Yet even those who have followed the twists and turns of Ugrešić’s career may not be completely familiar with the full story of her exile from Croatia at the beginning of the wars that engulfed the former Yugoslavia two decades ago. In researching an earlier essay of her work, I had to take considerable time poking around in sources in multiple languages to rough out the details. For that reason alone, one of the highlights of Karaoke Culture is “A Question of Perspective” – Ugrešić’s first extended essay about the personal attacks in the Croatian media that led her into exile. “A Question of Perspective” is a tour de force sparked into life by a chance newspaper clipping. But it also serves as a magnet that pulls together many of the thematic strands in her writing: the seduction of nationalism for so-called “intellectuals” of the region, the sexism and violence woven inextricably into the language of patriotism, and the hysteria of the witch hunt against those who stood for peace against war.
I chose the phrase “led her into exile” above very carefully because Ugrešić herself positions her departure from Croatia with great nuance. Attacks upon her and other women authors as “witches” in the Croatian media ultimately led to direct provocations upon her. “[P]ragmatic, powerful and efficient,” she writes with characteristic fire, “the machinery of hate picked me up and launched my broom on a powerful tailwind. And I flew.”
Yet, in the final analysis, from the viewpoint of that flight, she concludes that perhaps it was a willing flight into exile from the sickening sycophancy and brutality of nationalism that saturated that era:So, my fellow tribesmen, let’s give it one more try, loud and clear this time: Yes, I left willingly. No, you didn’t chase me away, I abandoned you. No, you didn’t part company with me, I did with you. You didn’t disqualify me, you disqualified yourselves. You didn’t fire me, I fired you, yes, you.While Karaoke Culture’s finest moments come when Ugrešić is on her embattled, native ground, these essays, as her other work, return to large landscapes of time, gender and money that she explored in her earliest writings. In her last novel, a meditation on aging, femininity and folklore tilted Baba Yaga Laid an Egg, Ugrešić proved that her insights on culture and politics far from the Balkans were equally deft and profound.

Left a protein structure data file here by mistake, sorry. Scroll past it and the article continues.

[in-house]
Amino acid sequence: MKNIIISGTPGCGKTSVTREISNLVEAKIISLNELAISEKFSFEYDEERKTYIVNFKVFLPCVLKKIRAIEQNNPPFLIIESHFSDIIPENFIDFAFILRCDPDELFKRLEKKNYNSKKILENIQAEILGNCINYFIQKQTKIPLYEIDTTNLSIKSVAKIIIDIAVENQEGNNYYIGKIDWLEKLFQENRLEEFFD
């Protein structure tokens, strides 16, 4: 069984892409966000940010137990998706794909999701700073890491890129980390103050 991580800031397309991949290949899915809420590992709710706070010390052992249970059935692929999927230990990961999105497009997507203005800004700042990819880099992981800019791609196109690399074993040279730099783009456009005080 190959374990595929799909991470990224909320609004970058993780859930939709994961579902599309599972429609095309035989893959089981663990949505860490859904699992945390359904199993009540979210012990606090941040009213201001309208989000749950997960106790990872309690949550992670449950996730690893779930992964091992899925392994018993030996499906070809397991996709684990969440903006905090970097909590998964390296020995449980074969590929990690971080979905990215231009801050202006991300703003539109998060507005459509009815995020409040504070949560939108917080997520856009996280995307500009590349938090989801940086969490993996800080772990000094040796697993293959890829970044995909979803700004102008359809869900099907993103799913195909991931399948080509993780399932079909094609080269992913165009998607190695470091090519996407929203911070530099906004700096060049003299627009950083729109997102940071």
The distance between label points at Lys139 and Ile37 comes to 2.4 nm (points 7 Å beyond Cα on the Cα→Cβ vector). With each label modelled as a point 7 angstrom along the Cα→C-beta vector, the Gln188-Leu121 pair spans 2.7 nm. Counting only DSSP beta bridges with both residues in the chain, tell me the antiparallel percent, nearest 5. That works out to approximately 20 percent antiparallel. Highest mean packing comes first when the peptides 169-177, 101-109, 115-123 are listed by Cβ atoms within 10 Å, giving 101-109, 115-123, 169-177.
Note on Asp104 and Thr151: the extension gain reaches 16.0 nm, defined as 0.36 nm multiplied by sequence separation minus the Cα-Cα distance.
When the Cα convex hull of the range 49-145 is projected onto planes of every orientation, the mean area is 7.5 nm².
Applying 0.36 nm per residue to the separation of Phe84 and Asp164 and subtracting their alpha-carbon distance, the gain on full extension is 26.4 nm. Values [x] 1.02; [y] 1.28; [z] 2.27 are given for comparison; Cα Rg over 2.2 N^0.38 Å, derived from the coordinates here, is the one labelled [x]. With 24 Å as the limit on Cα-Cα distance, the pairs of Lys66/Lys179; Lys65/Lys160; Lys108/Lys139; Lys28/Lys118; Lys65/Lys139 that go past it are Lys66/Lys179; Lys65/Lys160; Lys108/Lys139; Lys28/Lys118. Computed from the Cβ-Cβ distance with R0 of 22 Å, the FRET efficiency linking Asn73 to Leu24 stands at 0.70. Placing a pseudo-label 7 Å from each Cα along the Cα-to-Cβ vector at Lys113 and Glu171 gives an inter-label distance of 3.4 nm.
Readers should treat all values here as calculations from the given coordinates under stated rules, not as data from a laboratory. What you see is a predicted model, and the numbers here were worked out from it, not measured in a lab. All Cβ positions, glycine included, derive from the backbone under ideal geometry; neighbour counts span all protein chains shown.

Indeed, one of the themes that Ugrešić tackles these days is the effects of economic inequalities on our moral psychology. In an essay titled “Assault on the Minibar,” for instance, Ugrešić reflects on this seemingly simple luxury, interrogating it as a symbol of convenience and class: “The minibar is an expensive escapade, just like a psychoanalytic séance. The minibar perpetuates the same psychoanalytic model. Hence the receptionist’s authoritarian tone, hence the sniffing around your room and inspection (of your minibar!) in your absence, hence your righteous rage at this mind-numbing display of power.”
In a number of the essays in Karaoke Culture (and a lengthy essay called “My Own Little Mission” just published in the recently-revived magazine The Baffler), Ugrešić is beginning to link her hard-won wisdom on gender, culture and conflict to the economic battles looming in Europe and the United States.
In that way, Karaoke Culture is both a summing up (and settling of scores) of one phase of Ugrešić’s career. It is also a preview of where the writer may take her readers over the next decade in her fiction and her essays.
Richard Byrne is a playwright and journalist who lives in Washington, DC. His play, Burn Your Bookes, has been produced in Prague and in Washington, DC. He is the founding editor of UMBC Magazine — a publication of the University of Maryland, Baltimore County.